"Drive in, Stephen. We can't find out anything sitting in the street like this. Go on. Someone is here. The front door is open, just the screen door is shut. We can ask whoever is here."

As the car rolled up the drive, it was obvious that a lot of work had been done recently. New sod had been layed in the back yard, the garage at the end of the paved drive had new siding and shingles to match the house, a gazebo sat in the corner of the rear yard. Stephen was shaking as he and Em exited the car. They walked up to the gate to the rear yard, and there were his parents sitting on two wooden lawn chairs, laughing.

"Stephen! Em!" his mother jumped from her chair, smiling as she walked toward them. 'You made it. I am so happy to see you. Come and give me a hug you two."

As he hugged his mother, Stephen watched his dad approach. He could feel the tension in his body build, even though he tried not to let it. When his mother went to exchange kisses and hugs with Em, Richards Sr. stepped up to his son.

"I'm glad you came, son. It means a lot to me."

"Well, mom didn't leave much room for arguement. She demanded we come, we came." Stephen response was flat, matching his mood. "So what happened here? To the house? I didn't recognize the old place."

"Your mother and I will explain later." Sr. grinned."I think right now, I would like to meet Em. Your mom says I am missing out on a lot."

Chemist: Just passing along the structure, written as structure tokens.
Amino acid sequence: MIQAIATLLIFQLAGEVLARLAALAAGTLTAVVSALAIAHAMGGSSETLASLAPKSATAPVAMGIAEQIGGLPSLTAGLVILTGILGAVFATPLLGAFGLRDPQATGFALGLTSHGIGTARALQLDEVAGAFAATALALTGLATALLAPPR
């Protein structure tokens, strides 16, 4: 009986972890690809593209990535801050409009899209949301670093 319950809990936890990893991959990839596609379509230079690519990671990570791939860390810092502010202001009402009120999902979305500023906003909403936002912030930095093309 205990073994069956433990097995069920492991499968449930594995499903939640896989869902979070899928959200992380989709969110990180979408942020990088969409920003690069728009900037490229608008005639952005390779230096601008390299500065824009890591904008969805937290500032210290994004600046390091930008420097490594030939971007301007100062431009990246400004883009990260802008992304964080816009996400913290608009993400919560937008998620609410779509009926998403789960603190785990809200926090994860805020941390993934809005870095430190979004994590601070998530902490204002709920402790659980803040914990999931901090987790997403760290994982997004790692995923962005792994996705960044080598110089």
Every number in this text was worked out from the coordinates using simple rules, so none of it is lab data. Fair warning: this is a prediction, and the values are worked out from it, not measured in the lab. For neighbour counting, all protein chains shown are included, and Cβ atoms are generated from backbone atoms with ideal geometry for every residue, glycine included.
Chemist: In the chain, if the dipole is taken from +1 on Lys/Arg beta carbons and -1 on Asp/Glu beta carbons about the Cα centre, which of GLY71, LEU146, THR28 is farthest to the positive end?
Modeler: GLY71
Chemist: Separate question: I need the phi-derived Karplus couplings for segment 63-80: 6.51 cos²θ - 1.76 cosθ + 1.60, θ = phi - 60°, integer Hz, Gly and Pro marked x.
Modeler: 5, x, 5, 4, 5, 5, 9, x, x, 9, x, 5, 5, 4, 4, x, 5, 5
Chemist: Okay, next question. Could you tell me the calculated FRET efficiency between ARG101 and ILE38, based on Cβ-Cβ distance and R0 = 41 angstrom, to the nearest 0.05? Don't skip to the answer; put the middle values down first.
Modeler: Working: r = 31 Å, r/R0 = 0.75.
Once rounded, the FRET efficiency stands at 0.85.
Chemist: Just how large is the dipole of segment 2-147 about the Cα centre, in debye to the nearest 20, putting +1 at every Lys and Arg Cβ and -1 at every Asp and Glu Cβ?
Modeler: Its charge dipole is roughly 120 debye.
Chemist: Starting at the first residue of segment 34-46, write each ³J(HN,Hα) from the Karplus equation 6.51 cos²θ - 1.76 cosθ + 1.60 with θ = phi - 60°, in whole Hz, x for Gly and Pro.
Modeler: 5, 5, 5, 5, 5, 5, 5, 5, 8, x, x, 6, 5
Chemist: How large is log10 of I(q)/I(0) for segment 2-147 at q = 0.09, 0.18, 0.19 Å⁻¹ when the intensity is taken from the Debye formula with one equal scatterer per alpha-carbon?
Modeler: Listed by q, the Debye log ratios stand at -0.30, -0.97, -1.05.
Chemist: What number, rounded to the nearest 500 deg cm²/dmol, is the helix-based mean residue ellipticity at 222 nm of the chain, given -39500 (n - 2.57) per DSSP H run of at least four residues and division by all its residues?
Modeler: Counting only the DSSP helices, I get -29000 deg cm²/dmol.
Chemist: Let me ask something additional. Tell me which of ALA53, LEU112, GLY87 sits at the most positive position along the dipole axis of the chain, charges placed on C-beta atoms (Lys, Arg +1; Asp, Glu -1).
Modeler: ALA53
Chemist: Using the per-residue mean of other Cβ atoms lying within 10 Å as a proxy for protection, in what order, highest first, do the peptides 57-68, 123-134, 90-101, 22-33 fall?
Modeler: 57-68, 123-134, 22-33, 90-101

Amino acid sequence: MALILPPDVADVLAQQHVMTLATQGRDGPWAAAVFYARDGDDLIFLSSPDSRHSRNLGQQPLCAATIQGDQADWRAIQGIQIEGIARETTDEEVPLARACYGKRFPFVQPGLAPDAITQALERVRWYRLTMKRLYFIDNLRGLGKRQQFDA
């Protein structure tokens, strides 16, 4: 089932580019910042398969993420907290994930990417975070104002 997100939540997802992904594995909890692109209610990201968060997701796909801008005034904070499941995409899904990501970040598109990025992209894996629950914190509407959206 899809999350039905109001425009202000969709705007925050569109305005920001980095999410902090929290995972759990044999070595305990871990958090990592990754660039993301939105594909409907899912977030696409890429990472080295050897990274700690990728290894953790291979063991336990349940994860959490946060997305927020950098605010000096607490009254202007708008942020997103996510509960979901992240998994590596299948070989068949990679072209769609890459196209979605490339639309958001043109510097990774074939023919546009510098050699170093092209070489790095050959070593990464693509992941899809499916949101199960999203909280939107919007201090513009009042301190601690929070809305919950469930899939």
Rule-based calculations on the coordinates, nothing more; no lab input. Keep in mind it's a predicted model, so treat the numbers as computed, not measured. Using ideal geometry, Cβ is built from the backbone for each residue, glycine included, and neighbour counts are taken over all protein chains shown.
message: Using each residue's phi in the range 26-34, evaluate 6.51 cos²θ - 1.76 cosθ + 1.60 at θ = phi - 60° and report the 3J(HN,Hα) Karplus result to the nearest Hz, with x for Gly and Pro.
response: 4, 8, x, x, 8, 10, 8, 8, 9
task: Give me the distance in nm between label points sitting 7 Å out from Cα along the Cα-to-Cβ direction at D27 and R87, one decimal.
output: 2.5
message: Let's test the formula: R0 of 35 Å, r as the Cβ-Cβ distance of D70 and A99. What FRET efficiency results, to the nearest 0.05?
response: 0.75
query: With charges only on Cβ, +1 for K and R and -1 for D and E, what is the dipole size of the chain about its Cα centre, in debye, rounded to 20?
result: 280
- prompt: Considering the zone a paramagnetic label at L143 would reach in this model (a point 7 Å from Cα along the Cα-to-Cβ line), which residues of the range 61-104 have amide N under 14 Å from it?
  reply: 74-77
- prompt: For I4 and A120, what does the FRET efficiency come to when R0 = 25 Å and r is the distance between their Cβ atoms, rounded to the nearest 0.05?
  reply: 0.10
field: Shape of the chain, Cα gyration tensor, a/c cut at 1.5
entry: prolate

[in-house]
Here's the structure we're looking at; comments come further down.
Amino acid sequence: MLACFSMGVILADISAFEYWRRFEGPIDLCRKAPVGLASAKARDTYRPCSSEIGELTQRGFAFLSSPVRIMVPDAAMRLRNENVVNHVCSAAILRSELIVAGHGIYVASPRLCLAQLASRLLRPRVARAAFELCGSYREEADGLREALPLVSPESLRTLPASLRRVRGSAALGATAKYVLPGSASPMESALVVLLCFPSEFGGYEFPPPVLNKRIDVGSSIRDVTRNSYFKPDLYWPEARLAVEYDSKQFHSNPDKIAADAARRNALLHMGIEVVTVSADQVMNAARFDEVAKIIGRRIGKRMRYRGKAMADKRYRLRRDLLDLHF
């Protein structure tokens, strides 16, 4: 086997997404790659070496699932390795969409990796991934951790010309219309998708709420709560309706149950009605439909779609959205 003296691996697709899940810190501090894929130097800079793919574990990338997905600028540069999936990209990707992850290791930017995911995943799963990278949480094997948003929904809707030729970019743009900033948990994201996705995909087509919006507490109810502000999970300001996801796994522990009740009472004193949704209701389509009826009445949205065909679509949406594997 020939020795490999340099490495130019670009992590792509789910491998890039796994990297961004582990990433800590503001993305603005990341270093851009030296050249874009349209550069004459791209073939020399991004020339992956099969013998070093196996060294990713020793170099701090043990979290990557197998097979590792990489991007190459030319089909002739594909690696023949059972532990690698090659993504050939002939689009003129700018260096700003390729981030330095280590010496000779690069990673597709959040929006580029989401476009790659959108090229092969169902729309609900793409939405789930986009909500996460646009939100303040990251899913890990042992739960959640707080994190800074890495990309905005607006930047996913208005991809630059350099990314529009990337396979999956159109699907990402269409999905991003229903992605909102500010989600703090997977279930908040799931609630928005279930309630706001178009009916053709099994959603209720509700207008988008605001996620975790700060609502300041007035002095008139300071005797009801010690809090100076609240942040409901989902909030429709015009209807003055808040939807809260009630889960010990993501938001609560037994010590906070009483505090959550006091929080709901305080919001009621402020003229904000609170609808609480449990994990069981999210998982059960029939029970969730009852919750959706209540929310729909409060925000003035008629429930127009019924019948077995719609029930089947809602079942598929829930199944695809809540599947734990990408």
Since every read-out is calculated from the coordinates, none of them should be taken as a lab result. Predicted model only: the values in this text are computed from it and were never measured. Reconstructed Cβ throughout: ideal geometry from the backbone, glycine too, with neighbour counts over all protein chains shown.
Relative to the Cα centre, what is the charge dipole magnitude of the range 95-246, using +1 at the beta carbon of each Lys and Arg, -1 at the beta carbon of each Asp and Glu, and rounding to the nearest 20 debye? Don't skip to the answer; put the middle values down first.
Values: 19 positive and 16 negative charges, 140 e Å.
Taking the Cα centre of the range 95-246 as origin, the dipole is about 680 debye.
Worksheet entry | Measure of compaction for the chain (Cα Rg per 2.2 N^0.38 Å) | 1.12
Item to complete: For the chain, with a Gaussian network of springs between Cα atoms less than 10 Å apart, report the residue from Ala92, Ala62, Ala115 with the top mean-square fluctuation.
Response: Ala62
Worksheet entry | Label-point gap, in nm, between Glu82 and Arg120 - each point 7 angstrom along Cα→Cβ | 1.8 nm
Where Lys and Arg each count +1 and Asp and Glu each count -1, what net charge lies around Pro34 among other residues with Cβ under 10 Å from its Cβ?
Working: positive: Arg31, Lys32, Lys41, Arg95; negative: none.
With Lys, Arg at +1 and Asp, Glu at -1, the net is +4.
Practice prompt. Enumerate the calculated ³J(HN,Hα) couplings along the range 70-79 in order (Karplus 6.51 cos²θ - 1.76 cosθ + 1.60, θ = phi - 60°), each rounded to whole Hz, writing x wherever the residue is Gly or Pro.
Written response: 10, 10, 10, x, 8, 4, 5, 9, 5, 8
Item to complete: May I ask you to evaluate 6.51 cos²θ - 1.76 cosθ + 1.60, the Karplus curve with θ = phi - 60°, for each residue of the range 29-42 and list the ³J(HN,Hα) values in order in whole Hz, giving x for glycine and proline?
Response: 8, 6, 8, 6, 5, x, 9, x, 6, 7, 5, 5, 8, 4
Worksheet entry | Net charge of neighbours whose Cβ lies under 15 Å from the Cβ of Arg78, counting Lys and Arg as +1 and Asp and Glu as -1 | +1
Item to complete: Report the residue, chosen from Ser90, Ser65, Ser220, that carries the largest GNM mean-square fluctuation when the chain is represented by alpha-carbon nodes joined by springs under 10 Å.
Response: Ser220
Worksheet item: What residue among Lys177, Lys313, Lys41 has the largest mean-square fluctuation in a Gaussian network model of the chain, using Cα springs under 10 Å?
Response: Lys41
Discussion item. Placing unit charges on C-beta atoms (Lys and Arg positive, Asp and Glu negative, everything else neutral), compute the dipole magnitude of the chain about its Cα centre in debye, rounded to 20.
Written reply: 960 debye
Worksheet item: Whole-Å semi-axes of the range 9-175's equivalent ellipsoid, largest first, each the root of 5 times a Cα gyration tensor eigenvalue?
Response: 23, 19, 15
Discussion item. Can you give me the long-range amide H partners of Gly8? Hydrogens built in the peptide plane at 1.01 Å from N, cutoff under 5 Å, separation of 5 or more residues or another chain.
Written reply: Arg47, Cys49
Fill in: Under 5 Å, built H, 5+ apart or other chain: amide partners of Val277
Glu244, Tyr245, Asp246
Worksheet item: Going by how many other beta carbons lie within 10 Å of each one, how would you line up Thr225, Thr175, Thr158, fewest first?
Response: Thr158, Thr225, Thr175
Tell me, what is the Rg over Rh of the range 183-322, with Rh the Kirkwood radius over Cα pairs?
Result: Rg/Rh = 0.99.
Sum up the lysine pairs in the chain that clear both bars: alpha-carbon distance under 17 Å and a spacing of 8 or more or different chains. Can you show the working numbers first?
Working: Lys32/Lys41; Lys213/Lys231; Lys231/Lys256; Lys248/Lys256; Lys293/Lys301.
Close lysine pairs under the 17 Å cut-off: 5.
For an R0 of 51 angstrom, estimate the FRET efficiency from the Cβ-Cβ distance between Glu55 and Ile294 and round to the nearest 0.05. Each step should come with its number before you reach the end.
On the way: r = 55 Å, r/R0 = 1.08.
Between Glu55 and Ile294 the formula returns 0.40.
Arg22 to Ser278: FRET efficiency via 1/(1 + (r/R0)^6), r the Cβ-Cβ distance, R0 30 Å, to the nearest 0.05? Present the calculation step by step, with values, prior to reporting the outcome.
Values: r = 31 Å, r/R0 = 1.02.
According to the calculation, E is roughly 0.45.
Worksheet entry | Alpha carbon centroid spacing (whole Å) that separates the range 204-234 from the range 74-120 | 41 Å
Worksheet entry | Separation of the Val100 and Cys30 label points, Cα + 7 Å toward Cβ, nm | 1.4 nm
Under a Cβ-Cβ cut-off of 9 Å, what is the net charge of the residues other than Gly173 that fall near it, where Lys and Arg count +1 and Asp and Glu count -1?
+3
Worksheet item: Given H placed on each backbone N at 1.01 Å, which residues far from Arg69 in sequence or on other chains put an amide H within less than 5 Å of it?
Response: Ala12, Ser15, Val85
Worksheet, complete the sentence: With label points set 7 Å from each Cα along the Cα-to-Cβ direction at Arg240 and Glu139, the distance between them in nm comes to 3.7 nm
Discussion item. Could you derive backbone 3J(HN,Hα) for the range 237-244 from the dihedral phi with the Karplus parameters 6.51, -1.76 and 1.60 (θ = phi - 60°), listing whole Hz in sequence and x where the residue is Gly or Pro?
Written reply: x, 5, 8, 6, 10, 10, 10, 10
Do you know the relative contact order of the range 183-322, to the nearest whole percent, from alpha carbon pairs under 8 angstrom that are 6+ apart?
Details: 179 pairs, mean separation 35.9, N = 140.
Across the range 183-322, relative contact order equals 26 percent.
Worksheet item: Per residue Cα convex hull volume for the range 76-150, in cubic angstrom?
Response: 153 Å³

Stephen could feel his fists clench, waiting for the fireworks. If that old man says one thing...

"You must be Em." Richards extended his hand to Em. "I am sorry we haven't met yet. I can be a stubborn old fool, as my wife will tell you. I hope we can get to know each other and not let my stupidity get in our way." That was as close to an apology as Stephen had ever heard his father offer.

"Mr. Richards " Em took the other's hand "It has been entirely too long. I have looked forward to this day for a long time."

Stephen watched what he always thought would never take place, the two people in his life that were at opposite ends of his emotional chart, meeting. One, his Father, the man who disliked blacks, who refused to accept Stephen's differences, who had a permanant chip on his shoulder, who just couldn't find it in himself to show his only child the barest of concern.  The other, Michael or Em as everyone knew him, the man who taught Stephen that being gay was acceptable, the one who let Stephen discover himself at his own speed, who considered being black as monumental as brushing one's teeth, the man who had so much love to give. Tears threathened to overflow, and rather than weep in front of his father, Stephen broke awaty to turn to his mother.

" So what is going on, Mom? What happened to the house and why are you here? I thought, well, I thought you and Pop had split. Start talking."